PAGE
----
Although the objective of this study was achieved, there were some study limitations. This study is limited to the perceptions and geographical boundaries (i.e. the self-governing territory of Gaza Strip in Palestine as a developing country), therefore, it cannot be generalised. However, it could form the basis for useful comparison in the future. A future study may be carried out with a much larger sample size to validate the conclusions of this study. Triangulation research methods could also be employed in future research in order minimise the bias and validate the conclusion. Further study regarding energy management throughout the whole life cycle of the development is recommended.

Practical implications

This paper has highlighted a number of barriers to efficient energy management during the project construction phase. It is critical for local regulators to take note of the economic and financial barriers to facilitate a more energy-conscious society where incentives (could be via tendering preferences) can encourage both clients and contractors to proactively conserve energy during construction. As for the contractual barriers, the local government should lead by example in including “energy consumption” as a leading indicator for evaluating project performance.

Originality/value

This study also provides practical knowledge for stakeholders so that they can develop effective methods to overcome the identified barriers to attain higher levels of sustainable energy management. This study can contribute to knowledge in the developing countries context concerning energy management and conservation in construction projects.

Details

International Journal of Building Pathology and Adaptation, vol. 36 no. 1
Type: Research Article
ISSN: 2398-4708

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Article
Publication date: 5 April 2011

Angela Lewis, Abbas Elmualim and David Riley

The purpose of this paper is to present the findings and lessons learned from three case studies conducted for facilities located in California, North America. The…

Abstract

Purpose

The purpose of this paper is to present the findings and lessons learned from three case studies conducted for facilities located in California, North America. The findings aim to focus on energy and maintenance management practices and the interdependent link between energy and maintenance.

Design/methodology/approach

The research is based on a positivist epistemological philosophical approach informed by action research. The research cycle was completed for each case study. A case study report was provided to each facility management team to foster collaboration with the researcher and to document case study process and results.

Findings

Composite findings of the case studies include: there is an interdependent link between energy and maintenance management; reactive maintenance and energy management methods are commonly used; and more proactively operated and managed buildings require the interdependent link between energy maintenance management to be better understood.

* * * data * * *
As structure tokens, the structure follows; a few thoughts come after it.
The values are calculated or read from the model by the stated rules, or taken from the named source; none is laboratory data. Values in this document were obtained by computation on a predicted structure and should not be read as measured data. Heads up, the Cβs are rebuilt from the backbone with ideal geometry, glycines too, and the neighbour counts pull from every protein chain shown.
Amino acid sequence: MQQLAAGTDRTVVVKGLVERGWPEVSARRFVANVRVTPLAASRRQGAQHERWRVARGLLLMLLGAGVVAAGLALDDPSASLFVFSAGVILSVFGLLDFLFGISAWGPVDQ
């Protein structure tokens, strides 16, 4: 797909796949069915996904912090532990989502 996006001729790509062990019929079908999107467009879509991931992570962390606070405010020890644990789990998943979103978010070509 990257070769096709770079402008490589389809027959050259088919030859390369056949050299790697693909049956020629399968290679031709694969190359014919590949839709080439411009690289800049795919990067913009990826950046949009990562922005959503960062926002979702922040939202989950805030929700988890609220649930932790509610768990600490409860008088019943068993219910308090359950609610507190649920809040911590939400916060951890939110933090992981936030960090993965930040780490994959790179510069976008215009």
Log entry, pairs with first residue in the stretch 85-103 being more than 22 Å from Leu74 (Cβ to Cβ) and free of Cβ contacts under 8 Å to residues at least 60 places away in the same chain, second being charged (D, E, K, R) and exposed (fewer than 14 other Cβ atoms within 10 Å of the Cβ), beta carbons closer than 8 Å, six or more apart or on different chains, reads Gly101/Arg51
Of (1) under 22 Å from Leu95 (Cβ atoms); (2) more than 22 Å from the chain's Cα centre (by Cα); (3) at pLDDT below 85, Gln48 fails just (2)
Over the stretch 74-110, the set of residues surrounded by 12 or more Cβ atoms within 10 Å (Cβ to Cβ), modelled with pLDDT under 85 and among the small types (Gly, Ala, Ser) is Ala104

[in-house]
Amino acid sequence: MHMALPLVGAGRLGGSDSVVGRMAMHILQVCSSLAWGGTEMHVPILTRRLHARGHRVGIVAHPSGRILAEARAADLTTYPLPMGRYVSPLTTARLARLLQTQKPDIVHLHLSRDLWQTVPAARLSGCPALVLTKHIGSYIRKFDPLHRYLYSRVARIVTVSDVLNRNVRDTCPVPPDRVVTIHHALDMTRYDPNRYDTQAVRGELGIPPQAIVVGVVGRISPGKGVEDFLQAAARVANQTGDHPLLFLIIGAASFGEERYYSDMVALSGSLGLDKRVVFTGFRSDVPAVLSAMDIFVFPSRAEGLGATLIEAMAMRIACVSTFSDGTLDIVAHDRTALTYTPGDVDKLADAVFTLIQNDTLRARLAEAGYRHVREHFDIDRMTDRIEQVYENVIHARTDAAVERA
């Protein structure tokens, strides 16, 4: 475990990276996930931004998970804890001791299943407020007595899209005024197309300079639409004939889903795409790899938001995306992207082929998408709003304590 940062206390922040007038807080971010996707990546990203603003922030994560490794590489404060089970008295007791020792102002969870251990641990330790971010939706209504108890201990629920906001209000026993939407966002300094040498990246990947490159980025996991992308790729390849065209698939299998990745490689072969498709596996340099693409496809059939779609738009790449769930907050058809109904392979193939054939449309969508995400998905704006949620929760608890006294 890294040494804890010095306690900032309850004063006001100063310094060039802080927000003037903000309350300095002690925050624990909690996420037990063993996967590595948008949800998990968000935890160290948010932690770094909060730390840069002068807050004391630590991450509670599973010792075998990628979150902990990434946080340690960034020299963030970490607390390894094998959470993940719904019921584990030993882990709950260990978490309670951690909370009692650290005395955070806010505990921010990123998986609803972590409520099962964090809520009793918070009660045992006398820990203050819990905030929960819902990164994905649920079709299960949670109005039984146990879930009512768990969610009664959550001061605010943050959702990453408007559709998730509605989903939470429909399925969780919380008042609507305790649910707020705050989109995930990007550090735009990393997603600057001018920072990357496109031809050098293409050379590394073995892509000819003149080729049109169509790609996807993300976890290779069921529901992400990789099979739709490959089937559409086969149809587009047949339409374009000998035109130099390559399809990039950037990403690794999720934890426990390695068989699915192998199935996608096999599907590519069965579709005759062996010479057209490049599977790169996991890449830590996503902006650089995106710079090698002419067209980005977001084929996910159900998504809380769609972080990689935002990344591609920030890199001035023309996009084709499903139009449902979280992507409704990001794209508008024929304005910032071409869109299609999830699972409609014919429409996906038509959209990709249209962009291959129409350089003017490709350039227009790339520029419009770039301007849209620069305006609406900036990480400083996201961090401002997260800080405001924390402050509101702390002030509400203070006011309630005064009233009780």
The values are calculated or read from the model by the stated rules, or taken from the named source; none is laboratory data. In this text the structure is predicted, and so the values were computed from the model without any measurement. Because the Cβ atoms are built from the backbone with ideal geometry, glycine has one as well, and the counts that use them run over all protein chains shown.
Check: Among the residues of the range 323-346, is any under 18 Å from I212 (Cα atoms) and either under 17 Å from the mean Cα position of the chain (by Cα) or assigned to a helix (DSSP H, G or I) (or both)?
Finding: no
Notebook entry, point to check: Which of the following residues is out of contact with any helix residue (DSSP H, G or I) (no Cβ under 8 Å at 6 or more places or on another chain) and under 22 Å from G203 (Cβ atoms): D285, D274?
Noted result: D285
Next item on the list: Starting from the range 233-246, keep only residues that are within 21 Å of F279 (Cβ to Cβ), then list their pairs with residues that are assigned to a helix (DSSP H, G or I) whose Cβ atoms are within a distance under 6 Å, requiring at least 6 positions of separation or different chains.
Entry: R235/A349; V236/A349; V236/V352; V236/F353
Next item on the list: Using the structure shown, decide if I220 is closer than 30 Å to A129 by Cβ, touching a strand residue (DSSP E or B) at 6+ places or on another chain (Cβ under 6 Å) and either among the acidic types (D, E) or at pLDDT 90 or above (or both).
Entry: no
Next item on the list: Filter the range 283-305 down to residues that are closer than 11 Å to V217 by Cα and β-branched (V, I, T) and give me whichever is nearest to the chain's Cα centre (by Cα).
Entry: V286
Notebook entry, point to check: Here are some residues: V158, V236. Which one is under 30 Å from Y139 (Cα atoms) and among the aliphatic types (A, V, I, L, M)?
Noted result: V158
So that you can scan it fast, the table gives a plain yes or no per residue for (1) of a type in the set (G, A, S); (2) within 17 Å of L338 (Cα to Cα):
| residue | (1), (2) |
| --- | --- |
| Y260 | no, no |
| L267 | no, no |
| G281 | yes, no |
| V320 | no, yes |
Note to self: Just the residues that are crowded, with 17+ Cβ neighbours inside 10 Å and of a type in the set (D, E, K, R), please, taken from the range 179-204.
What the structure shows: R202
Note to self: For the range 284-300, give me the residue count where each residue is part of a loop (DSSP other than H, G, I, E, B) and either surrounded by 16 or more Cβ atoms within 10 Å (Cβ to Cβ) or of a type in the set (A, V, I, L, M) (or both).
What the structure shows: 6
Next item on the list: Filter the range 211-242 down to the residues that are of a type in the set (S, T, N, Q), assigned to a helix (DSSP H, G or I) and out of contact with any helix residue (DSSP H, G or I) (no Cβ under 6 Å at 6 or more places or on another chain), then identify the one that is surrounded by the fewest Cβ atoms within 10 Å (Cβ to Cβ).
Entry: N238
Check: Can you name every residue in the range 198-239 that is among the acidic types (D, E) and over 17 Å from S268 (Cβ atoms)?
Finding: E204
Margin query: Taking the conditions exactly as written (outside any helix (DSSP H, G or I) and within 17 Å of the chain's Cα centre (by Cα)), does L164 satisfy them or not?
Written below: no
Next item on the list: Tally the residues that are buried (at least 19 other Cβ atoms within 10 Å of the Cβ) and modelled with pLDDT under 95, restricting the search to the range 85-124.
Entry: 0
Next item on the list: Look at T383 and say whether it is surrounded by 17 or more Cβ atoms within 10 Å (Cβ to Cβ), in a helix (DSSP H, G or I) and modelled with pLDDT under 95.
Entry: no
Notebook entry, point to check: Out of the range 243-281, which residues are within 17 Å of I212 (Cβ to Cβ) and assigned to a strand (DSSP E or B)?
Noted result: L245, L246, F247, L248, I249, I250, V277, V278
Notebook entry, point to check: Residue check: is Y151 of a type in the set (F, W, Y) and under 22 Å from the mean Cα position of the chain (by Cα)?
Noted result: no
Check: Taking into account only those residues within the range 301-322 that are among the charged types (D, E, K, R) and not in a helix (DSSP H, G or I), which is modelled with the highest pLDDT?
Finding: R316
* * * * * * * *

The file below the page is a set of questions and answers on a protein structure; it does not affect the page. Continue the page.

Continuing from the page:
Research limitations/implications

The three case studies were located in California. Although the case study results can be generalized, determination of how to generalize and apply the results to commercial buildings outside of the USA is beyond the scope of this paper.

Practical implications

Detailed discussion of the needs of the three facility management teams are discussed by identifying a current challenge, developing a solution and documenting lessons learned using the research cycle.

Originality/value

The paper seeks to demonstrate the interdependencies of energy and maintenance management, two topics which are often researched interdependently. Additionally, the paper provides insight about maintenance management, a topic often cited as being under researched.

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Article
Publication date: 1 May 1982

The Debenham Group aware of the escalating energy costs incurred in their department stores and associated premises have formed their own energy management company …

Abstract

The Debenham Group aware of the escalating energy costs incurred in their department stores and associated premises have formed their own energy management company — Welsmere Energy Management Ltd. Based at Welsmere House, Basingstoke, Hants, the new company has been formed from the nucleus of staff which comprised the engineering department at Debenhams Head Office, plus additional specialist enegineers. Their function previously was the design and supervision of engineering services associated with new and refurbished Debenhams stores and warehouses, and this has now been extended to provide a complete energy management service to industry and commerce. This covers building services design and project management, energy management control systems, energy auditing and cost management, and planned engineering maintenance.

Details

Industrial Management & Data Systems, vol. 82 no. 5/6
Type: Research Article
ISSN: 0263-5577